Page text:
Every half an hour or so, dotted along the trail, tiny wooden huts, some no bigger than post boxes sat in a state of decay, as if being reclaimed by the forest floor. These Ōji 王子 or subsidiary shrines, were the sites were Emperors and Shoguns would have come to perform purification rites as they neared the spiritual heart of Kumano Kodo. Inside were offerings to the Shinto deities (Kami) specific to that part of the forest, some with stone prayer cards and tiny images of Jizō Bōsatsu, others with offerings of sake or monetary donations. Strangest of all was a shrine to appease the serpent demons that preyed on the unwary travellers in the area. This was done by scattering a great many stone eggs across the forest floor (a snakes preferred meal), and the warning not to finish all your lunch for the next couple of kilometres, as it could be used hasty escape from perusing spirits. I had an onigiri rice ball at the ready, just incase.
As I drew closer to Hongu Taisha, the eyry bliss that accompanied my solitude was sadly cut short by a descending hoard of day trippers who had taken a bus to not far from the main shrine and were walking the last hour of the route. This momentarily marred the experience, but not enough that I wasn’t amazed when descending the last mountain, I saw Oyunohara for the first time.
Standing at 33 metres Oyunohara, the former Torii gate to Hongu Taisa, is the largest of its kind and can be seen for miles around. The gate stands boldly up on the floodplain of the Kaminogawa River a sudden interruption in an otherwise uncultivated scene. A short walk away, overlooking the towering figure, sits Hongu Taisha, an organic meddley of gold, cedarwood and thatch which enshrines all three of the Kumano Kodo main deities. Considering its massive importance in Shintoism, the Hongu Taisha was relatively quiet save the day trippers I had encountered earlier, giving it a more authentic feel than the great shrines of Tokyo and Kyoto, which at times are more tourist-trap than temple. Moreover, as chance would have it the day I visited just happened to also be Bon-dōri (a traditional Japanese dance festival) and I was got a crash course in the dance from one of the priests, who was pretty nimble given the kimono and a age of over seventy.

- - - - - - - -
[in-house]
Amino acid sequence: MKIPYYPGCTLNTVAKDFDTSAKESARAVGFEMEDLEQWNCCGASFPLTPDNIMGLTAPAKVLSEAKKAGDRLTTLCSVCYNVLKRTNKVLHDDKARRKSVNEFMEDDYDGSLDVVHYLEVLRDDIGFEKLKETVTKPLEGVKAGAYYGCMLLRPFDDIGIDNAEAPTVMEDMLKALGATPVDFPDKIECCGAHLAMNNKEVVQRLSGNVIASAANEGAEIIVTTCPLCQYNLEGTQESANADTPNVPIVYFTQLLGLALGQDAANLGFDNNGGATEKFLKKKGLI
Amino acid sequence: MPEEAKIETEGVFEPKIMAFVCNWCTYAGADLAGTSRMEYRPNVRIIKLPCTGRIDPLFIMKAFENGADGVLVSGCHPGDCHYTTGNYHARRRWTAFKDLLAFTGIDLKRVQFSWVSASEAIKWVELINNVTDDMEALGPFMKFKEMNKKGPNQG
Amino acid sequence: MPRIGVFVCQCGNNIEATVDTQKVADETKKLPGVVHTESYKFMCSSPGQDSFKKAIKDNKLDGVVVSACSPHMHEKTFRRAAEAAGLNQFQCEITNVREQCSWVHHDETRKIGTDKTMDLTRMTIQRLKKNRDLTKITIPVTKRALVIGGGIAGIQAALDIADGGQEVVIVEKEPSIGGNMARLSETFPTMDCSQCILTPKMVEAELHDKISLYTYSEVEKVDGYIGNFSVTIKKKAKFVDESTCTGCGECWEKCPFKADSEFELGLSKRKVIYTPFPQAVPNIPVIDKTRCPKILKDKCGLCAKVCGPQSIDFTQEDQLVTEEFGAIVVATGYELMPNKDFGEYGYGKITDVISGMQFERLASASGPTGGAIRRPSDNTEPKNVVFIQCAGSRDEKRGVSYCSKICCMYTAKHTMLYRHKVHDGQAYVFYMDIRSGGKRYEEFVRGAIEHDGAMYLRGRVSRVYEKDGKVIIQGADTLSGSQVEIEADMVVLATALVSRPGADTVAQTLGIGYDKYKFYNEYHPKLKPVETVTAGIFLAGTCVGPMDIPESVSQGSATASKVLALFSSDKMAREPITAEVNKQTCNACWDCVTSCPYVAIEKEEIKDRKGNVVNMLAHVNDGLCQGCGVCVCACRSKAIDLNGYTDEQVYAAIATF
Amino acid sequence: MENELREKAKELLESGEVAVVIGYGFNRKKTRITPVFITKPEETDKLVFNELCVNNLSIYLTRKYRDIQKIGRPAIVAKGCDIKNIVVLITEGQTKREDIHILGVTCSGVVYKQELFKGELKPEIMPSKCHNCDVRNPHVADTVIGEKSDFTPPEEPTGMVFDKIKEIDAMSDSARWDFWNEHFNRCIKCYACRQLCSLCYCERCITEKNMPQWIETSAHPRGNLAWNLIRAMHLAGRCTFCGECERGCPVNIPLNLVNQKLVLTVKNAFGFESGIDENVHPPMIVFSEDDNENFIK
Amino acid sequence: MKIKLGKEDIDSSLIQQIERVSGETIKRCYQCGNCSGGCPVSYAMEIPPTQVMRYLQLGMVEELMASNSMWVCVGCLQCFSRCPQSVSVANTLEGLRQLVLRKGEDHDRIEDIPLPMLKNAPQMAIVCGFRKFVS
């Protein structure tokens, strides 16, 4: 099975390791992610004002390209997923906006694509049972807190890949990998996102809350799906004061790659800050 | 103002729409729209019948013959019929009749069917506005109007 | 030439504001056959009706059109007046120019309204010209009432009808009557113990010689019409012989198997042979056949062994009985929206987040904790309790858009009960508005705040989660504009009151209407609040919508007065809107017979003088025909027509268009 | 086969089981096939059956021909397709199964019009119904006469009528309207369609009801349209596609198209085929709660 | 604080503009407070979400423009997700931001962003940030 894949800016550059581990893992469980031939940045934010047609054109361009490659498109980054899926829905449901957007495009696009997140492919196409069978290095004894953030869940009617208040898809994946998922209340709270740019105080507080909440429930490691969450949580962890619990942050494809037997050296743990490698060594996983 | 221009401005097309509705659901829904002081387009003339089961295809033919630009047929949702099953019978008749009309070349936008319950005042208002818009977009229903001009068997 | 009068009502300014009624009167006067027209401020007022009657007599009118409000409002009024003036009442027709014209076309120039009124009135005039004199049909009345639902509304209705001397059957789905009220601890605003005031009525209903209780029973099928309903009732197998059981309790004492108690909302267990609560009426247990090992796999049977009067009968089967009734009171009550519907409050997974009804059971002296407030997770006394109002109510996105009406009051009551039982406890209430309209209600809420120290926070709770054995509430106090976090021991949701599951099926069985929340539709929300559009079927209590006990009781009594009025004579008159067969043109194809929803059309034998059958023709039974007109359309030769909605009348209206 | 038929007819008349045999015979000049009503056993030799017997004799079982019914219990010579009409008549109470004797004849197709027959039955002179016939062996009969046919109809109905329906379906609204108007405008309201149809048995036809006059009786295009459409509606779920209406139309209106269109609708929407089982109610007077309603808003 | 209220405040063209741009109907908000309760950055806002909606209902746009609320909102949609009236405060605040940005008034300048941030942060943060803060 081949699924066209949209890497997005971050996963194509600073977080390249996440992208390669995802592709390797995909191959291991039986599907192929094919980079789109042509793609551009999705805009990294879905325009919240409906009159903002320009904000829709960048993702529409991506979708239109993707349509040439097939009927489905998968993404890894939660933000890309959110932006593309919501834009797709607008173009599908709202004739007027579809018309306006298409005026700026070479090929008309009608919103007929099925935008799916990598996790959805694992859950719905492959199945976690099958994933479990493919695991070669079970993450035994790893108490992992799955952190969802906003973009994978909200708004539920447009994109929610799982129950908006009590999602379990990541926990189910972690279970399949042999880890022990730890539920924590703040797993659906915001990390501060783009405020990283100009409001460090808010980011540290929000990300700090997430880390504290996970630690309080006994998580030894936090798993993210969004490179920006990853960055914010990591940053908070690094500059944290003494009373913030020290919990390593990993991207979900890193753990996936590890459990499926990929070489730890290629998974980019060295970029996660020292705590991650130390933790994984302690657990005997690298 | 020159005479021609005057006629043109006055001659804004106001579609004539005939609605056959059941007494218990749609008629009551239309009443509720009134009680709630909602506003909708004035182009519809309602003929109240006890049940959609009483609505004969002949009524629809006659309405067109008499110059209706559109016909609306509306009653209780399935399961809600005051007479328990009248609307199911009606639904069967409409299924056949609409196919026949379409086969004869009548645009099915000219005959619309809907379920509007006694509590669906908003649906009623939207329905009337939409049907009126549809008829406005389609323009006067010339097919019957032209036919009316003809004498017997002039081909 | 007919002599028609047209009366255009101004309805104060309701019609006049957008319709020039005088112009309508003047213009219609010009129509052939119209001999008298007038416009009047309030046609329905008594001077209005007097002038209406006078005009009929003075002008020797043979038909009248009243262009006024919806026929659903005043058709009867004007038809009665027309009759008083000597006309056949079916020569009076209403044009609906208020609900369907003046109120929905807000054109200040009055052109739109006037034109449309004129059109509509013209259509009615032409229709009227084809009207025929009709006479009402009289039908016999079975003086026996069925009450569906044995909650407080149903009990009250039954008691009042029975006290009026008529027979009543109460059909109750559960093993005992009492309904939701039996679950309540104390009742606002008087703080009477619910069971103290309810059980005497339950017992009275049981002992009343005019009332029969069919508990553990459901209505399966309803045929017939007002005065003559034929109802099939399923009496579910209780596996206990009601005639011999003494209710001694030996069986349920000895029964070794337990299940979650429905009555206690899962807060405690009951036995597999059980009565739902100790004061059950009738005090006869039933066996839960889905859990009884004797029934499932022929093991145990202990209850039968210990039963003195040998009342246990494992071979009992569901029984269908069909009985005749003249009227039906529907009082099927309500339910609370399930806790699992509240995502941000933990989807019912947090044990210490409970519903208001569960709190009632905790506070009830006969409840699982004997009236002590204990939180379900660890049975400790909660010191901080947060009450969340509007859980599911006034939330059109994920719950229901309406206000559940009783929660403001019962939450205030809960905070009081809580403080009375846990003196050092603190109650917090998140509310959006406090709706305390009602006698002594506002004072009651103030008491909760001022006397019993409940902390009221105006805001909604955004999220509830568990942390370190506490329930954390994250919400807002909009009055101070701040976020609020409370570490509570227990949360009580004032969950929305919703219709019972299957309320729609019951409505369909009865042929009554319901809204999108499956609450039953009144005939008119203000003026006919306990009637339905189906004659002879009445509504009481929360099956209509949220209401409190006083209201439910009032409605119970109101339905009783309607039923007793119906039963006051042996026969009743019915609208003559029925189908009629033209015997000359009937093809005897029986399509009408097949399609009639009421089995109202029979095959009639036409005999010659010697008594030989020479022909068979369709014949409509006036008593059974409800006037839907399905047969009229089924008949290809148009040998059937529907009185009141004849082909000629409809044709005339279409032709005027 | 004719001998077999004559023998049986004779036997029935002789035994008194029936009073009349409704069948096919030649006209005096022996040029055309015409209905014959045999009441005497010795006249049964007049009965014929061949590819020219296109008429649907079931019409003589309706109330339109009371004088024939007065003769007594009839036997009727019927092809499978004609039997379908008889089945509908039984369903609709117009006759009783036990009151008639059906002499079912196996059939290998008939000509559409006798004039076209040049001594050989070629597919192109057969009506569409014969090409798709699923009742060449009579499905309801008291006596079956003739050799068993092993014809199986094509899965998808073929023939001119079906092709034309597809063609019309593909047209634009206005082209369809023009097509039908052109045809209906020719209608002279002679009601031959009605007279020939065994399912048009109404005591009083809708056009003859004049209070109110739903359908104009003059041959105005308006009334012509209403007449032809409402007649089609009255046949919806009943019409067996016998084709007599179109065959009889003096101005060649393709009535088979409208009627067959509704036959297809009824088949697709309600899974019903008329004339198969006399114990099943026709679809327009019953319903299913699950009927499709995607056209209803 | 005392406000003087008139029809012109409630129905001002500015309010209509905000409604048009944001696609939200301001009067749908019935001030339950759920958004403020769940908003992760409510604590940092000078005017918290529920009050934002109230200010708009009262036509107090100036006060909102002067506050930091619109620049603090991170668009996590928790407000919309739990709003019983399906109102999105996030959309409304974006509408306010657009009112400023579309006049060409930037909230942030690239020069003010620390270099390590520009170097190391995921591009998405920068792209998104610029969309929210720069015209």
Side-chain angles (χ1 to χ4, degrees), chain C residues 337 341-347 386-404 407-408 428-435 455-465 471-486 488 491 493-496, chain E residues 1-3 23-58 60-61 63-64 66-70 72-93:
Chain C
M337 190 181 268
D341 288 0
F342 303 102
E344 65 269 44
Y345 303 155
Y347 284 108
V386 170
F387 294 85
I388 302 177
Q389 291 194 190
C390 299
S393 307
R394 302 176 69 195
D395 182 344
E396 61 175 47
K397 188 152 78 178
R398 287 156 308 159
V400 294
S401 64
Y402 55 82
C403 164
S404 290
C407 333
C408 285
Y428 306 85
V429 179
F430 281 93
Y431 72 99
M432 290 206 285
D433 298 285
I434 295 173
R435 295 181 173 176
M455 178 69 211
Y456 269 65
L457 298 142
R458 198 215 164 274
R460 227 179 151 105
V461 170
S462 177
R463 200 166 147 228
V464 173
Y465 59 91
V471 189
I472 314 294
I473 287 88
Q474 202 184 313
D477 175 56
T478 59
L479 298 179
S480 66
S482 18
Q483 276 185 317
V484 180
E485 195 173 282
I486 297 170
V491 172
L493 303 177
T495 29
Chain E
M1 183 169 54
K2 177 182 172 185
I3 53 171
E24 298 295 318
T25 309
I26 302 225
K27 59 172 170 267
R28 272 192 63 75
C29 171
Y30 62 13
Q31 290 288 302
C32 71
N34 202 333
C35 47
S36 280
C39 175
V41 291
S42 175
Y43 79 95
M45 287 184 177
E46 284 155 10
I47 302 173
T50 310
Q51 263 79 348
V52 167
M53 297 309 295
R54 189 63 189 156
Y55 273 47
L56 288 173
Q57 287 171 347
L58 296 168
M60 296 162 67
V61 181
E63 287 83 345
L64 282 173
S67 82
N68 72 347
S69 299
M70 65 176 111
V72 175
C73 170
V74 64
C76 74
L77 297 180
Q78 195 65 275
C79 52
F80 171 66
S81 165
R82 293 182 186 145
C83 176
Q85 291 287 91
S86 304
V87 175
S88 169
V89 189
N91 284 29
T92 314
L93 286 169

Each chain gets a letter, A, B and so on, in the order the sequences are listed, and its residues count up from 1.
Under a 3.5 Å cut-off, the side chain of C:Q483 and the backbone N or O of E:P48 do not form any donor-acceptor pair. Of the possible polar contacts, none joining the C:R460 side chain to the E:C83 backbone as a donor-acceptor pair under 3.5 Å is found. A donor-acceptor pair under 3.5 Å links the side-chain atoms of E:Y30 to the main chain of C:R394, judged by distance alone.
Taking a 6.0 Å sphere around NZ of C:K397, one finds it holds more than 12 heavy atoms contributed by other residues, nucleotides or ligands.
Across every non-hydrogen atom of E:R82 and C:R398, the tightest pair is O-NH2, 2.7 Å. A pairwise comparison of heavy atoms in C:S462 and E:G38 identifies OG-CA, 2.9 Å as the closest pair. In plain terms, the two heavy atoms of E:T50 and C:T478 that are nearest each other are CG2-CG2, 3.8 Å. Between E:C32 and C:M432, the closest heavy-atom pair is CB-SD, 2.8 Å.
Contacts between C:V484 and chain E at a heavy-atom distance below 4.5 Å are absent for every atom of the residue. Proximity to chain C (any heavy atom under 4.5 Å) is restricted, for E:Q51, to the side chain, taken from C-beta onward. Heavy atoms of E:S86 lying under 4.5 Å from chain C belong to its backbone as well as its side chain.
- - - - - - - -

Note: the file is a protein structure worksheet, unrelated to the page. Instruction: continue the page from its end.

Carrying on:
Feeling thoroughly cultured out and looking wind-down after all that walking, I checked into a Minshuku (family run bnb) further up the valley before heading off to Nachi Taisha (Kumano Kodo’s second shrine) the next day. This was quite different to Hongu as much more the norm, the shrine was painted a bright vermillion and featured a buddhist temple intergrated into the complex. Most impressively was a three storey pagoda that sat high in the mountain, and commanded a view right down the valley to the Pacific Ocean.
A postcard image of Asia Pacific, Kumano Kodo should be a top of the list priority for anyone interested in experiencing authentic Japanese culture at its height. The added bonus is that as of yet this Unesco World Heritage sight has not been swamped in so many camera clicking tourists that it’s lost it’s touch. This is the real deal, unmissable for anyone who wants to see Shinto shrines at their best, and walk paths over a millennia old.